Walking through the toy department of your favorite store can give you sensory overload. There are bright colors, all sorts of shapes and textures and lots of toys that light up and make noise. If you have a child or children with you, they might find every toy that makes noise and turn them all on at the same time.
Scenes like that might make you long for the days when toys were simpler. While kids tend to pick up the most noisy or flashy toy when given a choice, simpler toys are good for them as well. Giving your child toys that require more of them than just pushing buttons gives them an opportunity to learn and develop physical skills.
Non-Electronic Toys Require Imagination
One of the drawbacks of electronic toys is that they require little imagination. While they may help teach your child the alphabet, numbers or shapes, they do little to encourage him to think creatively. There are toys that can accomplish both objectives.
Alphabet blocks, for example, have been around for many years. They introduce children to colors, numbers and the letters of the alphabet while allowing them to build things. They teach hand-eye coordination. Your child can use them to experiment with cause and effect relationships, filling and dumping and more. The more your child uses his imagination, the more fun toys such as blocks are.
Non-Electronic Toys Encourage Interaction
Electronic toys are usually best suited to individual play. While it's good for kids to be able to entertain themselves, they also need to interact with others to learn social skills. Non-electronic toys lend themselves to interaction.
Going back to the block example, you or another child could help your child build something with the blocks. He can share the blocks with others. You can ask your child which block is which color, or which one has a certain number or letter on it. All of these activities teach your child how to cooperate and get along with others.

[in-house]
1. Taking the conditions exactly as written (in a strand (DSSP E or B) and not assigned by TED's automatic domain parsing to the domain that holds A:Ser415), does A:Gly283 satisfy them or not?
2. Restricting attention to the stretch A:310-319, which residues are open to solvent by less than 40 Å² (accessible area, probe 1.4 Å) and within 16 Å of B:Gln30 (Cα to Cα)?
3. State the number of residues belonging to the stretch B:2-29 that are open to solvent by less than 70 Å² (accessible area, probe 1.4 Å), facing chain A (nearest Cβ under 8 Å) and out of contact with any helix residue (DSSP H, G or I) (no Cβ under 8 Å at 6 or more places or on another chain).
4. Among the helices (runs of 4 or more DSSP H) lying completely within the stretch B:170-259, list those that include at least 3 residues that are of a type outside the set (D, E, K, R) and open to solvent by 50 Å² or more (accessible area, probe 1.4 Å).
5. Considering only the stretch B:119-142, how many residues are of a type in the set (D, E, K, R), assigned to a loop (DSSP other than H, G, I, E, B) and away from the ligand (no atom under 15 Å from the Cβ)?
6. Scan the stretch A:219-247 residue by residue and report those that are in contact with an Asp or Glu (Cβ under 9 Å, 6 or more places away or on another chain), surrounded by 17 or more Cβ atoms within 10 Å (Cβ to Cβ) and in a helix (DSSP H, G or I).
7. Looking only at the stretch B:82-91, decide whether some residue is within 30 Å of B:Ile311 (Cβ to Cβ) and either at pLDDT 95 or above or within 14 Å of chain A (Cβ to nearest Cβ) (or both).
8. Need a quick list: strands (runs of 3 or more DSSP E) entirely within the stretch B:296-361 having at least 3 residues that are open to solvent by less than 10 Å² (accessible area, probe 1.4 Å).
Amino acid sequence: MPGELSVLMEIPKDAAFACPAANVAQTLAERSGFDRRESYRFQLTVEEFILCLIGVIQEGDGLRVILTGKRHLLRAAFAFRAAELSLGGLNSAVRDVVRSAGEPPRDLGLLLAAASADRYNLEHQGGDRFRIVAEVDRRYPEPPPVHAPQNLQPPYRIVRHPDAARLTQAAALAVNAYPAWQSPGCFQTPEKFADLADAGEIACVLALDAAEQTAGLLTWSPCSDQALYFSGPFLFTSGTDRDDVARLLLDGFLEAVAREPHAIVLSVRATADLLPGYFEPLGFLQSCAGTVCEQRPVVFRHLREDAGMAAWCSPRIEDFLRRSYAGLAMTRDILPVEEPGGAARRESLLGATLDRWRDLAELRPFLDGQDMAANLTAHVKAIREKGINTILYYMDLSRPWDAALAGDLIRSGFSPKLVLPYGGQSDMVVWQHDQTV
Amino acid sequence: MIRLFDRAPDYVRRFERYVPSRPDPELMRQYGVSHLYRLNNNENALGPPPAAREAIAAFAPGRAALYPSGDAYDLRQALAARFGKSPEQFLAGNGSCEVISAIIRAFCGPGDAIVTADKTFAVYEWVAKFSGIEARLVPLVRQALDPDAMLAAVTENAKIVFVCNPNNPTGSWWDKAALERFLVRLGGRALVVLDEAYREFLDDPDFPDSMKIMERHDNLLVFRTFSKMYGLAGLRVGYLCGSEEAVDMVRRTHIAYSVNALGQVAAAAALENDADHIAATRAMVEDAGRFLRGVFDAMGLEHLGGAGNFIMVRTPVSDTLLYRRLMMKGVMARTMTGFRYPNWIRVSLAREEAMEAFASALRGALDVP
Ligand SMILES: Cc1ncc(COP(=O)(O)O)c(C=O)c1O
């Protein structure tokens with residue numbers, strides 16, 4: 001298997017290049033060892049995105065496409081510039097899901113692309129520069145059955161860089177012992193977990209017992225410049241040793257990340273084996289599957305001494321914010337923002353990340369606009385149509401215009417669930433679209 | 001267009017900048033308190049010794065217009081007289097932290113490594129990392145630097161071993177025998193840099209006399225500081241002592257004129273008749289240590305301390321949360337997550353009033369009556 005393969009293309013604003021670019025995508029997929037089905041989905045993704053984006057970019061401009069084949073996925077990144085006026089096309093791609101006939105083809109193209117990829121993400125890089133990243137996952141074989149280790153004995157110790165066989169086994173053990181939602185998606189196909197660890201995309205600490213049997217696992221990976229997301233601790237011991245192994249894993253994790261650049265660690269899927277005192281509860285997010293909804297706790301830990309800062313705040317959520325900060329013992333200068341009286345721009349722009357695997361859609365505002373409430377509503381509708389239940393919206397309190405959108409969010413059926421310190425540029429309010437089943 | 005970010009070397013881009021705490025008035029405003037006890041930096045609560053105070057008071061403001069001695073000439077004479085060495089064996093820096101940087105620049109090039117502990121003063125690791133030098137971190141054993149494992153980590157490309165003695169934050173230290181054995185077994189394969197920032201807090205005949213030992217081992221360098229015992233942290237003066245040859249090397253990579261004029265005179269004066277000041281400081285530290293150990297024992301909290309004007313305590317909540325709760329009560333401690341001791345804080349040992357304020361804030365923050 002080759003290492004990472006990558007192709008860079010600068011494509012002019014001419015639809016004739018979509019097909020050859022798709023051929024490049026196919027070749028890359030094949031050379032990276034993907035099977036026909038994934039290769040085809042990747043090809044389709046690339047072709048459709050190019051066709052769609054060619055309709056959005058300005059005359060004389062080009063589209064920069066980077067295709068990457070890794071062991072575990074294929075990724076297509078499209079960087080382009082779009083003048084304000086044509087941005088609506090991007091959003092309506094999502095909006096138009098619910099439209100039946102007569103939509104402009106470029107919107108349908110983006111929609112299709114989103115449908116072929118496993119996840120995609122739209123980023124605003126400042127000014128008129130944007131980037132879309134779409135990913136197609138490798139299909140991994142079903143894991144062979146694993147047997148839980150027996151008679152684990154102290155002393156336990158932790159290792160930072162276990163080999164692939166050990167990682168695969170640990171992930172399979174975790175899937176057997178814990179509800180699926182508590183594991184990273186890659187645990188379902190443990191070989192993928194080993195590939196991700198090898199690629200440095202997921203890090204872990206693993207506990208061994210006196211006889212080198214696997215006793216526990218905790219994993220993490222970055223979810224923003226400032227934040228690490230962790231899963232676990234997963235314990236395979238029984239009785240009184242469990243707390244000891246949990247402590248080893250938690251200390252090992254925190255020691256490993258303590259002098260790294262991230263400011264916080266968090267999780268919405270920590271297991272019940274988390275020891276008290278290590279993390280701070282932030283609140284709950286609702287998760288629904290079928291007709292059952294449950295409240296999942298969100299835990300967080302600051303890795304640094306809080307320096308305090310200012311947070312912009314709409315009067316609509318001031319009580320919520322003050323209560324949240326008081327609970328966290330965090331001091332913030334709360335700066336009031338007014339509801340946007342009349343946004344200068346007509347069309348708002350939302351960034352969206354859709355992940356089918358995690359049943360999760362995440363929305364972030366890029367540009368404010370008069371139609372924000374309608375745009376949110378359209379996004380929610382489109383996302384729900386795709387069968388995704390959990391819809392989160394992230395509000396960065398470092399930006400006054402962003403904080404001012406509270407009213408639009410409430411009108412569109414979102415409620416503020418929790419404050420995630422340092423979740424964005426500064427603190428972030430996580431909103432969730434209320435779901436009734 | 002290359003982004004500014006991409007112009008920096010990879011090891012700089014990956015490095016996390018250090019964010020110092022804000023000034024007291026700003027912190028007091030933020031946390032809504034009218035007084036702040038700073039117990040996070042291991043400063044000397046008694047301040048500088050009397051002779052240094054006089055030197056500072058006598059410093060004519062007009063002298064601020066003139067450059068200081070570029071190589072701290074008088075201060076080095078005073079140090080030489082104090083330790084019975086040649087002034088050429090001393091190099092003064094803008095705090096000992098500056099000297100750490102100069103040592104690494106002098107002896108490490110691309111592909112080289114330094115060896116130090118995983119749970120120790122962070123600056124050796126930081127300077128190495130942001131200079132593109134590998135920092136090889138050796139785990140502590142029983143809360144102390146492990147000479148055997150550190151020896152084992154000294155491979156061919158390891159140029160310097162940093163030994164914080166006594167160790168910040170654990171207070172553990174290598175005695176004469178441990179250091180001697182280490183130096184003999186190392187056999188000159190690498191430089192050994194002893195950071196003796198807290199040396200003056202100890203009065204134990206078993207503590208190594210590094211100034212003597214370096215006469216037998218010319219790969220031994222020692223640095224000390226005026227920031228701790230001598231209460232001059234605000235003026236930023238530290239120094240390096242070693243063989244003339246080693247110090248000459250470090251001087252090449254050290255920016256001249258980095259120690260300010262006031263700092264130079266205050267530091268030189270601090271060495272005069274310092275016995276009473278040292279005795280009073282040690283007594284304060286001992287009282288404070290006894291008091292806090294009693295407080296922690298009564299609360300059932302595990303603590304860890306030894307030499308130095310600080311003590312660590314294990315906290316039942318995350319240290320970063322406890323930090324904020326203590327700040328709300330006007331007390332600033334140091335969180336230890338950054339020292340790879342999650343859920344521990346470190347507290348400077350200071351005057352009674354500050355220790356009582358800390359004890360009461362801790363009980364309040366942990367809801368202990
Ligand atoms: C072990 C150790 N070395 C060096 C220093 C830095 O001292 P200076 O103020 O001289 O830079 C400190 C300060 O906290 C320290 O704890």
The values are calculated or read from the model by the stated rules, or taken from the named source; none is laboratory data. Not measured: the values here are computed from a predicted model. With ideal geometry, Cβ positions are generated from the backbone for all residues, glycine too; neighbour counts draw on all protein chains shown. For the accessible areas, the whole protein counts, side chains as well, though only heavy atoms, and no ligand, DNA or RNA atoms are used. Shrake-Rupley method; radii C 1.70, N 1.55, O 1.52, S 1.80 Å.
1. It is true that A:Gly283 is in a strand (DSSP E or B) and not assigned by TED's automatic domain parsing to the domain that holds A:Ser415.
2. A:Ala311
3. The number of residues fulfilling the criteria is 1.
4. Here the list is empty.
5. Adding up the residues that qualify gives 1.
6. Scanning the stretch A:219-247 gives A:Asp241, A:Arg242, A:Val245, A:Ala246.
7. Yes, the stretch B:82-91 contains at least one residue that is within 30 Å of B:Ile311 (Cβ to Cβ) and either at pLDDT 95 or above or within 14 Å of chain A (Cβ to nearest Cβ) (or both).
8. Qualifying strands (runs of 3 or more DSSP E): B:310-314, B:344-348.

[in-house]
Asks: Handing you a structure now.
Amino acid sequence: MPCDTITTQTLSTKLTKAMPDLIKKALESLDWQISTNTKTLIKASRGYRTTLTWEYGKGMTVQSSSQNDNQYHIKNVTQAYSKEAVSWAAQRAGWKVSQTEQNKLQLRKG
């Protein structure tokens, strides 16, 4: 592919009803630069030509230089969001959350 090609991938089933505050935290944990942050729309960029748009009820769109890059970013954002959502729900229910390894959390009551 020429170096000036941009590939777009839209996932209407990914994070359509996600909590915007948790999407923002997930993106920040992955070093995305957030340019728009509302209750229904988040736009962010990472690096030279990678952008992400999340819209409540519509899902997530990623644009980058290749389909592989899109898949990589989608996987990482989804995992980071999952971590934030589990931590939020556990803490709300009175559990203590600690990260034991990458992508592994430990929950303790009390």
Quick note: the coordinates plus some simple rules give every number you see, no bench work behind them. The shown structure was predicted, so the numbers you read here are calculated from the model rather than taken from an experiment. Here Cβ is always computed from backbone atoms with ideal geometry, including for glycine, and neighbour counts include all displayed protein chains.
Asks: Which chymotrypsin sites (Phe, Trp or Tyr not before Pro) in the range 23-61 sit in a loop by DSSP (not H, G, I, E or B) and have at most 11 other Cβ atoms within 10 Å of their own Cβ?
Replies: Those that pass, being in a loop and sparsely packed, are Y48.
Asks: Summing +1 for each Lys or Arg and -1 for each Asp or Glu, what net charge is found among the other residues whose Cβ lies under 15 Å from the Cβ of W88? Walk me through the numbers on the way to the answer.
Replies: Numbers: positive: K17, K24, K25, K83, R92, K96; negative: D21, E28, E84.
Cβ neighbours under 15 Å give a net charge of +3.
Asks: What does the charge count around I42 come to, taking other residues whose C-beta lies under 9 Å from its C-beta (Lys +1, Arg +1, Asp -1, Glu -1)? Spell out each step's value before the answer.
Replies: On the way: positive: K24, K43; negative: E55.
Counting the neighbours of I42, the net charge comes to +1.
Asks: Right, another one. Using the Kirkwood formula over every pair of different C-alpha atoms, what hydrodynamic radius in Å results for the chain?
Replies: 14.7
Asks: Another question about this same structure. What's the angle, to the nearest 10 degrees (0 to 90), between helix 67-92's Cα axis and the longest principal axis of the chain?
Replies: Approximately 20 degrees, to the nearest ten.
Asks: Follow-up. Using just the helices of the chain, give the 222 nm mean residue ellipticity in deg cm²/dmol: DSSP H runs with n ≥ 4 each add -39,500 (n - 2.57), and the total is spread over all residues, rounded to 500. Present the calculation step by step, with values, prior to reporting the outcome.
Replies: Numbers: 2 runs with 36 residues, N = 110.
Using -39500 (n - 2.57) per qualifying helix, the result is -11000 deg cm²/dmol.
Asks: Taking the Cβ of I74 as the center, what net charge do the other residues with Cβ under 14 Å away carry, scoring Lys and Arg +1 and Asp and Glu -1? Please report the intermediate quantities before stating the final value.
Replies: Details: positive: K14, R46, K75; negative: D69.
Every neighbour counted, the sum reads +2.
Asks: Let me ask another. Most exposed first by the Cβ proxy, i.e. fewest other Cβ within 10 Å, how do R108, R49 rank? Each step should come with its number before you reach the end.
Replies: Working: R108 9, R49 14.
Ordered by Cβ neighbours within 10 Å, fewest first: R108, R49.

Non-Electronic Toys Encourage Physical Activity
Playing with electronic toys usually requires very little movement. But there are plenty of non-electronic toys that encourage children to be physically active. This is just as important as educational value and most toys designed to promote physical activity can also be used for learning with a little creativity.
Non-Electronic Toys Last Longer
Electronic toys tend to have shorter lives than their non-electronic counterparts. Many non-electronic toys are also appropriate for a wide range of ages. The blocks and balls that your child played with as a toddler can still provide him with hours of fun after he starts to school. Electronic toys, on the other hand, are often designed with a specific age group in mind. Once your child has mastered the toy and is ready to move on, it often goes to the bottom of the toy box.
Electronic toys often have educational value, but your child needs a variety of toys that stimulate his imagination and encourage the development of necessary skills as well. The types of simple toys that were around when we were growing up are often just as much fun for our kids as they were for us and they allow kids to learn while having fun.Return to Learning Through Play